Understanding your vapor intrusion test results

If your home or building is in an area being investigated for underground contamination, then the air in the soil under your structure may have been tested for chemical vapors. These are called sub-slab soil vapor samples. A certified laboratory tests these samples and determines the level, if any, of chemical contamination measured in the soil vapor. The Minnesota Pollution Control Agency (MPCA) uses these results to decide what needs to be done to protect the health of the building’s occupants.

Why measure vapor below the structure?

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Predicting vapor levels inside a structure: The 33X strategy

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How much of a chemical is safe?

The MPCA, in cooperation with the Minnesota Department of Health (MDH), identified the amount of the chemical in indoor air that is considered safe for all people to breathe for a lifetime, including sensitive populations such as young children and pregnant women. These amounts are called Intrusion Screening Values (ISVs) and are based on scientific research and guidance from MDH and the U.S. Environmental Protection Agency (EPA). The ISVs represent an amount of a chemical in indoor air that would not harm the health of people living in the home. 

Air sampling results are reported in micrograms of the chemical per cubic meter of air (µg/m3). A microgram per cubic meter is a very small amount — it is similar to a few parts of the chemical amongst a billion parts of air.

The amount of a chemical in soil vapor beneath a building’s foundation that is safe is based on research and guidance from EPA. An EPA study of buildings across the country showed the amount of chemicals in indoor air is often 100 to 1,000 times less than the amount that is present in soil vapor under the building. The building’s basement floor and foundation walls reduce the movement of soil vapor into a building so that the amount that does enter is very small compared to the total amount (or volume) of air inside the house. 

The MPCA takes a protective approach when deciding whether to address potential vapor intrusion. When the amount of a chemical in soil vapor beneath the home is greater than 33 times the amount that is safe for occupants to breathe indoors, additional action is needed. For example, if the amount of a chemical that is safe for air inside a home is 2 µg/m³, the MPCA will take action if that chemical is measured in a sub-slab sample at an amount that is more than 66 µg/m³. Actions may include installing a vapor mitigation system or additional sampling work.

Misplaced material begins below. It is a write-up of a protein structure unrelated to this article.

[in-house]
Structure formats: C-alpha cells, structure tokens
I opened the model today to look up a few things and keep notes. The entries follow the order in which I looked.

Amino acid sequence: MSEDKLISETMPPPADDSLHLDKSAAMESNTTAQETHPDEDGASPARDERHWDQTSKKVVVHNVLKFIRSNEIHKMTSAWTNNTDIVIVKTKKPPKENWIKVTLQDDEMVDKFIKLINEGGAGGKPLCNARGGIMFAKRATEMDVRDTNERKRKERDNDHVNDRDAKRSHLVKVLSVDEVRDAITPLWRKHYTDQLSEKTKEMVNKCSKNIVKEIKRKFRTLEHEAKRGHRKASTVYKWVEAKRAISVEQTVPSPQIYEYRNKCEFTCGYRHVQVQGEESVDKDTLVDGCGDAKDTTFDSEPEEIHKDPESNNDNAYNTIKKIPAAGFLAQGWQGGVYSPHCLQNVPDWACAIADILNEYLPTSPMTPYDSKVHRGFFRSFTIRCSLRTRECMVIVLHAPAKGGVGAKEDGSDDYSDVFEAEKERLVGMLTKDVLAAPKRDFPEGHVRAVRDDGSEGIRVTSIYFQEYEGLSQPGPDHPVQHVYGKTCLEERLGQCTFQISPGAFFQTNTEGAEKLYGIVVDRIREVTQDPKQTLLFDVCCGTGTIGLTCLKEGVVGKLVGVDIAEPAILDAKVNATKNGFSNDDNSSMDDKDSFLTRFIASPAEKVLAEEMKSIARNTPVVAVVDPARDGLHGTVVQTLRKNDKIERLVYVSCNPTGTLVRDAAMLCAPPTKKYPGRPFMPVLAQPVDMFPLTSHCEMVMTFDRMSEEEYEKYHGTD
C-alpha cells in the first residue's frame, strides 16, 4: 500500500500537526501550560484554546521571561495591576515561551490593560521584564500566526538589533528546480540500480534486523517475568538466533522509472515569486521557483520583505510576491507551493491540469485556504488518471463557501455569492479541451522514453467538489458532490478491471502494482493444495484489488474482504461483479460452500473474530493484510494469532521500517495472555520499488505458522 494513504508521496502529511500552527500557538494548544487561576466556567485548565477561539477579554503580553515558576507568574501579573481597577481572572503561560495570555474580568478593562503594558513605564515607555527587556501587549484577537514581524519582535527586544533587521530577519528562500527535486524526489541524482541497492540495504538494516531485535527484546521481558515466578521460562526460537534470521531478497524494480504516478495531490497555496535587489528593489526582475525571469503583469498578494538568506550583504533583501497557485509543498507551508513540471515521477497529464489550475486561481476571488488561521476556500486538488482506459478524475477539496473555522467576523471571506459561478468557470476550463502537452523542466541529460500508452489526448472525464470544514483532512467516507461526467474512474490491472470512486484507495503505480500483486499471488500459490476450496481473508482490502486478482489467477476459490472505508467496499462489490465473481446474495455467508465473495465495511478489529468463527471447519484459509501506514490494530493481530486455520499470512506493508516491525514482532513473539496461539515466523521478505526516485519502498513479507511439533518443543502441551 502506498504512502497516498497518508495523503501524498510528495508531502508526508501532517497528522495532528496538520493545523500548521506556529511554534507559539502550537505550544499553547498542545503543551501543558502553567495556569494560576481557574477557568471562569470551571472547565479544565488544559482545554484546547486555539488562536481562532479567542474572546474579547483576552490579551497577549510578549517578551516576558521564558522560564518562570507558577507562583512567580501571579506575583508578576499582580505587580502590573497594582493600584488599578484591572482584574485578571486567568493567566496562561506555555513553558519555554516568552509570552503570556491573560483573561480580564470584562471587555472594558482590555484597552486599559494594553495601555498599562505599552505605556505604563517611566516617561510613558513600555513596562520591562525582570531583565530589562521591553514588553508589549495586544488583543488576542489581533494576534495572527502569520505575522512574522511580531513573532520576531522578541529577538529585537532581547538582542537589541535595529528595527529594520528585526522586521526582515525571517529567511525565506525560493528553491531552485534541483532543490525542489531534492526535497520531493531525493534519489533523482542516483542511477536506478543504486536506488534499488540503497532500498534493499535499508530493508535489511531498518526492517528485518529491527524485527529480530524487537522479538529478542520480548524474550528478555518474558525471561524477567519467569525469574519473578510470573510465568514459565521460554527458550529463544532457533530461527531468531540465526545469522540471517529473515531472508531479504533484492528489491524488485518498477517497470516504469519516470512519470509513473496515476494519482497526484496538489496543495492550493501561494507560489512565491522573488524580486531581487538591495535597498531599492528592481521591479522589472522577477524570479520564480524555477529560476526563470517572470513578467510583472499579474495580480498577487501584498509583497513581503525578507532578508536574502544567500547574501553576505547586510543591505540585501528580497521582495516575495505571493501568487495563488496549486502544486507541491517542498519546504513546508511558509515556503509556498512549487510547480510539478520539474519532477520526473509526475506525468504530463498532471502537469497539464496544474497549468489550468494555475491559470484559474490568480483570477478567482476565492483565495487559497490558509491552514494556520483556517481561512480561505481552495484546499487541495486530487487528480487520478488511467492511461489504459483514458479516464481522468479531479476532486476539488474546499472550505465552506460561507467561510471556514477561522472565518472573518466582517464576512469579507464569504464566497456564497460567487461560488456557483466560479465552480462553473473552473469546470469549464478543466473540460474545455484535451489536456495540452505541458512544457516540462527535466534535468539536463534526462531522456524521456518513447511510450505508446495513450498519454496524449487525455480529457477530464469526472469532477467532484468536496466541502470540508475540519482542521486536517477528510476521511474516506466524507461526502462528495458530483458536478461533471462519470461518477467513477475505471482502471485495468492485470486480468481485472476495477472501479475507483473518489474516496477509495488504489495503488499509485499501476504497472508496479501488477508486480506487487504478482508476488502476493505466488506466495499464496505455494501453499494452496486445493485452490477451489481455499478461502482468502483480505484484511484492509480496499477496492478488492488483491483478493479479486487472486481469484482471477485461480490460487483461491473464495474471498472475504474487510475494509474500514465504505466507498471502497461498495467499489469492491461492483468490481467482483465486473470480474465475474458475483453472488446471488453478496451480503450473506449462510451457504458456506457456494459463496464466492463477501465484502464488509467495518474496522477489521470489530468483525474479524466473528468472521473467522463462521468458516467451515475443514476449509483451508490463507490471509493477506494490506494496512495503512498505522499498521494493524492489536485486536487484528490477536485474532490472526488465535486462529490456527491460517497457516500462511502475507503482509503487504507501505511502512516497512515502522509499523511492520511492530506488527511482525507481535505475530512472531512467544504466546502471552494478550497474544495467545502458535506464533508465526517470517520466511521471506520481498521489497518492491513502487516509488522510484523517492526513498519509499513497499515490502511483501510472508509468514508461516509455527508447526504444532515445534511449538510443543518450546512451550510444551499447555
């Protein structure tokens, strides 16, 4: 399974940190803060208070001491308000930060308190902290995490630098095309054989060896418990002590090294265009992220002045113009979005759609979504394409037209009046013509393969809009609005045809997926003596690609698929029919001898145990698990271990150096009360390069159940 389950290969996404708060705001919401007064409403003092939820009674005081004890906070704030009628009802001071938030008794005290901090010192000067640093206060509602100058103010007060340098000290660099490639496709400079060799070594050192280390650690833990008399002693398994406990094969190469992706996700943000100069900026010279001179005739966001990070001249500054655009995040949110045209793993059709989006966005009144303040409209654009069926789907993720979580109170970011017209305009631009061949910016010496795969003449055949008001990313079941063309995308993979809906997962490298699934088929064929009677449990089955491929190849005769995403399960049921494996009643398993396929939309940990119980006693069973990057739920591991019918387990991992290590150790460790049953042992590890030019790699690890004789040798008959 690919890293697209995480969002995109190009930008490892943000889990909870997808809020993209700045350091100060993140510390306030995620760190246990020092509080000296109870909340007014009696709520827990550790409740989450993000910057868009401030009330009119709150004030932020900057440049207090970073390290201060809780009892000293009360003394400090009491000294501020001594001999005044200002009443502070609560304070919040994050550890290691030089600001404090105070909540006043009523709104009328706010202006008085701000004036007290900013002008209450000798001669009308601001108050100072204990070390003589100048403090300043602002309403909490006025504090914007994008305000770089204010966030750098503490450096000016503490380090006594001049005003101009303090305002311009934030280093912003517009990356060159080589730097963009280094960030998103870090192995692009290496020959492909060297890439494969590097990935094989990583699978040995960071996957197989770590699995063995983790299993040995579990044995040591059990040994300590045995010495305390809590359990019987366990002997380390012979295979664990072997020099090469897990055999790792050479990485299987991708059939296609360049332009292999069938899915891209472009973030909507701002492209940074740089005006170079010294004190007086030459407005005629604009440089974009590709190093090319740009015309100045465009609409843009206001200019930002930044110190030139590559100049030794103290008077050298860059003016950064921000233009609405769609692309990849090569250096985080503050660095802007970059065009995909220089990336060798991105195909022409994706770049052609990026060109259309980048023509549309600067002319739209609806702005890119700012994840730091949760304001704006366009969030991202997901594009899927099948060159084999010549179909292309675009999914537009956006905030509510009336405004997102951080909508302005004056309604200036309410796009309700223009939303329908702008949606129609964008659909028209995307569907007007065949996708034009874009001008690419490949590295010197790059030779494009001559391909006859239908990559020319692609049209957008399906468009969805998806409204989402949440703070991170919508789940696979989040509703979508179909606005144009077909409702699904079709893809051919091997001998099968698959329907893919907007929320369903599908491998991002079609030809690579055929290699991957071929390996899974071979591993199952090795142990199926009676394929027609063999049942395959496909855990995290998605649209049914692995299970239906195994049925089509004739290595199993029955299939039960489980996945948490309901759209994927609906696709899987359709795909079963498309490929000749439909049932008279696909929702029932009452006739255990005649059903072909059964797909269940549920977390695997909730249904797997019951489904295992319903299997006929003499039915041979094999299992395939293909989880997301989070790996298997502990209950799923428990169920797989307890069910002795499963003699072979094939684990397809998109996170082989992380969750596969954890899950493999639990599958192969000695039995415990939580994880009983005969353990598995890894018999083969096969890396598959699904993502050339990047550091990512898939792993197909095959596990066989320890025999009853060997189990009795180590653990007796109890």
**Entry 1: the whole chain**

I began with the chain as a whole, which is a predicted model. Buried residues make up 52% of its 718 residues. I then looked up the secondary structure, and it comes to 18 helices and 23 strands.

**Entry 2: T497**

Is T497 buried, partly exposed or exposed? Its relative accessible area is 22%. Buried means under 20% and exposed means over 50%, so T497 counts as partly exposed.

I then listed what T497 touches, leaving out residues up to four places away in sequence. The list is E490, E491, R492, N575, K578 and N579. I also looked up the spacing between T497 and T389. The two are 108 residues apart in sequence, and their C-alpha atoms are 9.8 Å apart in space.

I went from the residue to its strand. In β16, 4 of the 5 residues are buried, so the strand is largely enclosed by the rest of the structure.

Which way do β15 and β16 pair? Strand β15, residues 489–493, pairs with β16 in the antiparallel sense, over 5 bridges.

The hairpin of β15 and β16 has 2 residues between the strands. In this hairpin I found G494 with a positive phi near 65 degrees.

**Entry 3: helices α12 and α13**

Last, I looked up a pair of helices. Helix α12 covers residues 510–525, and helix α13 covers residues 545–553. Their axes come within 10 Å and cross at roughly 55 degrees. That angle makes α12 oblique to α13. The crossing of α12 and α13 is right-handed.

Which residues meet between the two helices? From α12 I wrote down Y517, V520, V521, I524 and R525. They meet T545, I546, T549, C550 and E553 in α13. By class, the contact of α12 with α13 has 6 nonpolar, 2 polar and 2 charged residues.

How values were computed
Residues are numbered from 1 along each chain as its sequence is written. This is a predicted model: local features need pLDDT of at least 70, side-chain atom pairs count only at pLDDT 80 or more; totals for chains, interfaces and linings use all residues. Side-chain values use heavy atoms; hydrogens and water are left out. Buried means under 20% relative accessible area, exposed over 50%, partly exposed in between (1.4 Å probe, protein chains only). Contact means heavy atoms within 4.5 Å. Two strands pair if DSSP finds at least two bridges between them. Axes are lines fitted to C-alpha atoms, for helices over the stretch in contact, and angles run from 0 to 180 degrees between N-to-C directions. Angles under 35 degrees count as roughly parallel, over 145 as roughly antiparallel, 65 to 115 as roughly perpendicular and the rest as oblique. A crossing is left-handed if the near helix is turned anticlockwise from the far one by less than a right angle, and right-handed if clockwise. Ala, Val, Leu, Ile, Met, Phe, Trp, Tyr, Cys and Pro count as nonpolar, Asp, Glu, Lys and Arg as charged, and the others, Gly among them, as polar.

What about indoor air?

The MPCA relies primarily on soil vapor testing results instead of testing indoor air to determine what, if any, action to take. The reason is that indoor air testing, by itself, does not prove that chemicals in the indoor air necessarily entered the building from an underground source of soil vapor. 

Indoor air test results can be influenced by a variety of possible sources of chemicals that may be present inside a building. Many household or commercial products including paints, paint thinners, certain building materials, cleaning products, dry-cleaned clothing, cigarette smoke, aerosol sprays, and new carpeting or furniture release chemicals to indoor air. Indoor air quality can also be affected by outdoor (or ambient) air which may contain the same chemicals. 

The amount of soil vapor that enters a building varies

The amount of soil vapor that actually enters a building can be influenced by many factors, including:

  • Condition of the basement floor and foundation walls
  • Outdoor temperature (a layer of frost traps soil vapor in the ground during the winter)
  • Barometric pressure changes and wind
  • Design and operation of heating and cooling systems
  • Building construction (type of foundation and tightness/leakiness of the building)

During the colder months, heated air rises inside a building and escapes through the upper portions of the structure. This is called the "stack effect."  This upward movement of air requires the lower portion of the structure to draw in air from the outside, including through the foundation walls and basement floor to some extent. Use of mechanical exhaust such as oven hoods, clothes dryers and ventilation fans can increase the stack effect.    

Controlling vapor intrusion

If testing shows that vapor intrusion could be a concern, a common solution is to install a mitigation system. Vapor Mitigation systems work by creating a vacuum under the building which prevents soil vapors from entering the building.  This type of system is also used throughout the country to prevent naturally occurring radon gas from entering buildings. The systems are inexpensive to operate and are a proven solution to vapor intrusion and radon problems.

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